5. The result is that we find that the learned Judge has erroneously decreed a sum of Rs. 195/- on account of three months' rent for the period -- March 1, 1949 upto May 31 and Rs. 57/- on account of interest, in all Rs. 252/-.
6. The appeal is allowed in part. The decree passed by the learned Subordinate Judge is modified and is reduced to the extent of Rs. 252/-. The plaintiff will be entitled to proportionate cost in the courts below and the decree for costs passed by the court below will stand modified accordingly. Each party will pay and bear his own cost of the appeal in this Court.
7. I agree with my Lord and I have nothing to add so far as the claim for rent for the months from March to May, 1940 nor so far as interest thereon is concerned. I shall add a few words regarding the question of limitation with regard to the claim for rent from June, 1949.
8. The suit was instituted on the 10th May, 1956 for realisation of rent for the period from March 1949 to March 1954 together with interest thereon. The defence was that the claim for rent for any period beyond May 1953 would be barred by Article 110 of the Indian Limitation Act. According to Mr. Panda appearing on behalf of the appellant defendant, the rent for each month during the period in question became due on the 1st of each succeeding month and the suit, so far as the claim for rent before May 1953 not being instituted within a period of three years from the date on which the rent accrued due, would be barred by limitation.
9. Under Section 10 of the West Bengal Premises Rent Control Act of 1950 the standard rent is to be fixed by the Controller and the Controller is to specify the time from which the rent so fixed shall become payable. There was an order of the Controller fixing standard rent but the order of the Controller was set aside by the District Judge in appeal on the 16th February1954 and he further directed that the standard rent would be payable with effect from 1st June 1949.
10. Mr. Panda says, if standard rent is effective from June 1949, it would nonetheless become in arrears with effect from the first of each succeeding month and thus all claim which thus accrued due before May 1953 would be barred by the same Article of the Limitation Act.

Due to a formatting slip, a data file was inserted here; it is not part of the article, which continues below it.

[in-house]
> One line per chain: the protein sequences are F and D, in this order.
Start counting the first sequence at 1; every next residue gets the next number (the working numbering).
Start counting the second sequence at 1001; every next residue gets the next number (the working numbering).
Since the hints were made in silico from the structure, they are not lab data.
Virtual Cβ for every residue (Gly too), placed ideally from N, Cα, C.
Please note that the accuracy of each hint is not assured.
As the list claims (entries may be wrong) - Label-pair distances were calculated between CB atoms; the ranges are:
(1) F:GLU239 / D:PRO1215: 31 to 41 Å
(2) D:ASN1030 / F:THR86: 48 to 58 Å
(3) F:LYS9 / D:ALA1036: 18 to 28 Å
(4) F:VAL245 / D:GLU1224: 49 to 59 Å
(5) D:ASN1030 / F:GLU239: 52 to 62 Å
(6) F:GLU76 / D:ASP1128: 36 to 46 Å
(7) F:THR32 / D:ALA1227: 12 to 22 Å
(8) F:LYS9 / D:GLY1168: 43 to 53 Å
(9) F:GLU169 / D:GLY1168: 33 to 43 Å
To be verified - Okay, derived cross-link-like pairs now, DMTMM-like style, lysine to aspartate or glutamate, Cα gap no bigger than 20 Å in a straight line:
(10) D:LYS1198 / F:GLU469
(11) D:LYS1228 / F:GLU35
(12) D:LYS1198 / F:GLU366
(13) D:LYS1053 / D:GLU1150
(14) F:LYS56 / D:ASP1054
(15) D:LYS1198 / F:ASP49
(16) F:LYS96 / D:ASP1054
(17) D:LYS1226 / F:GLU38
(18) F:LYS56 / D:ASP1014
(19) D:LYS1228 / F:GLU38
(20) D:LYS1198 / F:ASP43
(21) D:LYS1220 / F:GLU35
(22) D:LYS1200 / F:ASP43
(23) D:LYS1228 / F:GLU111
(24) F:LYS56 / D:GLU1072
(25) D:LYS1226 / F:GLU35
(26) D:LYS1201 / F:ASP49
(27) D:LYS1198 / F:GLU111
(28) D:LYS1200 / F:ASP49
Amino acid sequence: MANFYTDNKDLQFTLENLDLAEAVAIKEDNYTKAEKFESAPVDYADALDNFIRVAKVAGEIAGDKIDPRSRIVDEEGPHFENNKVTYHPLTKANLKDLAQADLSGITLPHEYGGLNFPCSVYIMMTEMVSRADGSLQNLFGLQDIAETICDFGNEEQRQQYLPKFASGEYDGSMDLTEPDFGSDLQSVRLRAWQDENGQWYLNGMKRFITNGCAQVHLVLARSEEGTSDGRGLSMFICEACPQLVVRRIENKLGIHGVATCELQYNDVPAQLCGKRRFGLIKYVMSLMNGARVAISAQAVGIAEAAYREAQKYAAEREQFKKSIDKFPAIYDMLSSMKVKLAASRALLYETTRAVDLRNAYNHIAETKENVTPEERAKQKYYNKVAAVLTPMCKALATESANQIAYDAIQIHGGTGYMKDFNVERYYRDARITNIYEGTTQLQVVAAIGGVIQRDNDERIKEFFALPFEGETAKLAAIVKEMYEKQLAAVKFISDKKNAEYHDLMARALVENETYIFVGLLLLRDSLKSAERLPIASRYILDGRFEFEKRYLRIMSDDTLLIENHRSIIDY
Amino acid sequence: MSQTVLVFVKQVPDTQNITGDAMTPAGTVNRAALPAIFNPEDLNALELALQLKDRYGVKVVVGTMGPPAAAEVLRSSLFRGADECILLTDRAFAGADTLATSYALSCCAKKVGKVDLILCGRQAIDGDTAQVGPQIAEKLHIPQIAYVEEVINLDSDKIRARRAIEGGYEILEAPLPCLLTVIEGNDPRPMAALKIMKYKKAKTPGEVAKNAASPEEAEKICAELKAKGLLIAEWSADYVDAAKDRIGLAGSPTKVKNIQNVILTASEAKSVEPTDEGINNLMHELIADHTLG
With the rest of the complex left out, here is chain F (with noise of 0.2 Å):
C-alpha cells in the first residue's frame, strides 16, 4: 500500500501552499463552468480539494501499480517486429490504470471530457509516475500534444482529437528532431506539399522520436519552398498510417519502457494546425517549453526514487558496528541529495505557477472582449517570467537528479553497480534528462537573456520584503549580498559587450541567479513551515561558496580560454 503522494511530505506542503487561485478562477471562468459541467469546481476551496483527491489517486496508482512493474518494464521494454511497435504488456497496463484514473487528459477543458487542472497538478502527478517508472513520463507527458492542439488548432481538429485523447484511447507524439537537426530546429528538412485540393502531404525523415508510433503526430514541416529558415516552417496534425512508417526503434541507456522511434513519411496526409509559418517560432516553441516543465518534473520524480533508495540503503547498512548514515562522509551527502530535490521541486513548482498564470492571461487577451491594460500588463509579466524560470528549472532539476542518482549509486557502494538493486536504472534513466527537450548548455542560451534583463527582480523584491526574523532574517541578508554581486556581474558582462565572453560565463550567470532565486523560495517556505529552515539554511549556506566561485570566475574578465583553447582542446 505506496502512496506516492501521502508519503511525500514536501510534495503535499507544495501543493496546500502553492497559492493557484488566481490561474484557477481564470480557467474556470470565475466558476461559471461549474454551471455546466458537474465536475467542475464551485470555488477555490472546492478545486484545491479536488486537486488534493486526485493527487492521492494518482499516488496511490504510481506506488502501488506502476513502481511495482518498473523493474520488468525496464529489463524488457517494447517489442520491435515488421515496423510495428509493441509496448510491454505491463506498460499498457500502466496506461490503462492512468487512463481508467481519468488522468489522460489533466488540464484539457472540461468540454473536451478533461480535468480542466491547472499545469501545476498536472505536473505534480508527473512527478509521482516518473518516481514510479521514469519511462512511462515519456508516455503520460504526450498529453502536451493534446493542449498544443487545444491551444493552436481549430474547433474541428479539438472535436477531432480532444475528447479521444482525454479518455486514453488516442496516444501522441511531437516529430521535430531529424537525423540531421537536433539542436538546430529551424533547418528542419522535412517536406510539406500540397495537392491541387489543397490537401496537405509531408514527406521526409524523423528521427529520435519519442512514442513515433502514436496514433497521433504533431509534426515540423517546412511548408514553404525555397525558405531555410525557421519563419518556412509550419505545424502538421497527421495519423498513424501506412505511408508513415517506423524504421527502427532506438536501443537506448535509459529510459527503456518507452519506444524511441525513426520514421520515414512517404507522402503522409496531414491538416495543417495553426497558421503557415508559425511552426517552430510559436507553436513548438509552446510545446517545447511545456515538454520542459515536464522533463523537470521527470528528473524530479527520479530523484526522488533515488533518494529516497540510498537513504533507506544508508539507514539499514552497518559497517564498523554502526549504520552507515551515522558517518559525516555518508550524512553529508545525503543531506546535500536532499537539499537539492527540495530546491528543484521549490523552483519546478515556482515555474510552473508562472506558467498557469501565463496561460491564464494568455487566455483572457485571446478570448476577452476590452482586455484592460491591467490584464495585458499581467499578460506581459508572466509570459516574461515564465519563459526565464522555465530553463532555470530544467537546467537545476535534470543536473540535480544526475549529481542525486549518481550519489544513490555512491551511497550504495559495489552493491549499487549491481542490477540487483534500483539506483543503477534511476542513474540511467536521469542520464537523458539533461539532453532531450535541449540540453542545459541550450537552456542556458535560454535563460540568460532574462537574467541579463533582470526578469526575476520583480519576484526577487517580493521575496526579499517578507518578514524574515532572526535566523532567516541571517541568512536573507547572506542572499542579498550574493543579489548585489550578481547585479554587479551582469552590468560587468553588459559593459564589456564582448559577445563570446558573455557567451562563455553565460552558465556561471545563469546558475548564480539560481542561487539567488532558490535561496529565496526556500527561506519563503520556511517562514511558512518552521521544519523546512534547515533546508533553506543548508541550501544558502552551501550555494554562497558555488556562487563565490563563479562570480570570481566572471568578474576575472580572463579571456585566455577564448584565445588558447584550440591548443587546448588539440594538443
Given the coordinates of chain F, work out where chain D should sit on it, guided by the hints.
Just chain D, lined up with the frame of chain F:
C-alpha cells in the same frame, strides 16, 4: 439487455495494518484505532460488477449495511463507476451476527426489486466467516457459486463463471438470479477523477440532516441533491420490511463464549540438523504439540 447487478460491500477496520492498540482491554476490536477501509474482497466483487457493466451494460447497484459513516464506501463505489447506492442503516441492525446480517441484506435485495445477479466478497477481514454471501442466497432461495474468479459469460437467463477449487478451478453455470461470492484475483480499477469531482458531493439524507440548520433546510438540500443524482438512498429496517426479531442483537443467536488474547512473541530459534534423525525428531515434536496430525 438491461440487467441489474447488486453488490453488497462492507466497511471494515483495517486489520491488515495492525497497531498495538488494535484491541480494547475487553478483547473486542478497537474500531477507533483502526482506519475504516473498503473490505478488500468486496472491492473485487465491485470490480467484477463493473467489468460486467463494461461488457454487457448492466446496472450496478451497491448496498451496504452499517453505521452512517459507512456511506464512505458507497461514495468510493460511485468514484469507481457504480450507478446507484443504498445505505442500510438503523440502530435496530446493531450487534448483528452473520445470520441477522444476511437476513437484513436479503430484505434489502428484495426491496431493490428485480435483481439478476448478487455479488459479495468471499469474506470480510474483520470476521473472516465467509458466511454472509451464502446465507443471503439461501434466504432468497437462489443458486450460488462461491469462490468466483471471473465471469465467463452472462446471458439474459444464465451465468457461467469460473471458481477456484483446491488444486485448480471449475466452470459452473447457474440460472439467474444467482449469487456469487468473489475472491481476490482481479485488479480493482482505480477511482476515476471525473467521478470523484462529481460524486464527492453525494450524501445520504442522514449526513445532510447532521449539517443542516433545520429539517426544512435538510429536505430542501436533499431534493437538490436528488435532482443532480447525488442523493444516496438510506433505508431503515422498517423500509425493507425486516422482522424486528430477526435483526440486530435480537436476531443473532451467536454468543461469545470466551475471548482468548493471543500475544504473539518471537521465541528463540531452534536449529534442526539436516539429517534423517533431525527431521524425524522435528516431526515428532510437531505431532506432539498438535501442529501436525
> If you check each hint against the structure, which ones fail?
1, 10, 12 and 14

11. Let me suppose Article 110 of the Limitation Act applies. The question is : --when did the arrears of standard rent become payable? Section 10 of the Premises Rent Control Act specifically says that in fixing the standard rent the Controller shall specify in his order the time from which the rent so fixed shall become payable. According to Mr. Panda the standard rent became due as they fell in arrears; as they were fixed with effect from June 1949 or, in other words, as the standard rent would be deemed to be effective from June 1949, it would be deemed to have fallen in arrears on the first of each succeeding month and, therefore, it would be barred by limitation.
12. But the standard rent was ascertained and fixed by the District Judge on the 16th February 1954. No defined sum can be in arrears unless it is ascertained; the standard rent was ascertained on the 16th Feb. 1954. Hence, any amount as standard rent could not be in arrears before it was ascertained. The ascertained rent in June 1949 was the contractual rent and if the suit had been filed for such rent, it would certainly be barred by limitation. But the suit was not filed with regard to the contractual rent which was then in force and the suit has been filed for realisation of the standard rent which was not ascertained at any time before the 16th February 1954. The standard rent not being ascertained in June 1949 or for the matter of that at any time beyond 16th February 1954, it could not have been in arrears before that date. It was ascertained on the 16th February 1954 as being payable with effect from June 1949 and as it was ascertained with retrospective effect, the entire sum then due from June 1949 would be in arrears with effect from that date and could not be considered to be in arrears at any date before it was so ascertained.
13. We may consider the same matter from another aspect. If Article 120 applies, the limitation would run from the date of the cause of action. The question is, when did the cause of action for arrears of standard rent from 1-6-1949 accrue? The action is for arrears of standard rent and not for the arrears of contractual rent. The cause for the action is non-payment of the standard rent that fell due; but that cause would not arise unless and until the standard rent would be fixed. Every tenancy is liable to a fixation of standard rent. After the application for standardising rent was filed in May 1949, the rent of the premises in question was liable to be standardised and some standard rent might be fixed. But as long as no definite standard rent is fixed, no defined sum can be in arrears. But no actual standardisation having been made at any date prior to 16-2-1954, there would be no cause of action for suing for such rent. The standard rent being fixed with effect from June 1949, the same could be considered to be in arrears but not before it is actually ascertained. The cause for this action was that standard rent due had not been paid and the standard rent would not be due unless it was fixed. Therefore, there would be no cause of action for the suit till 16-2-1954. The suit being instituted within three years from that date, the suit is not barred by limitation.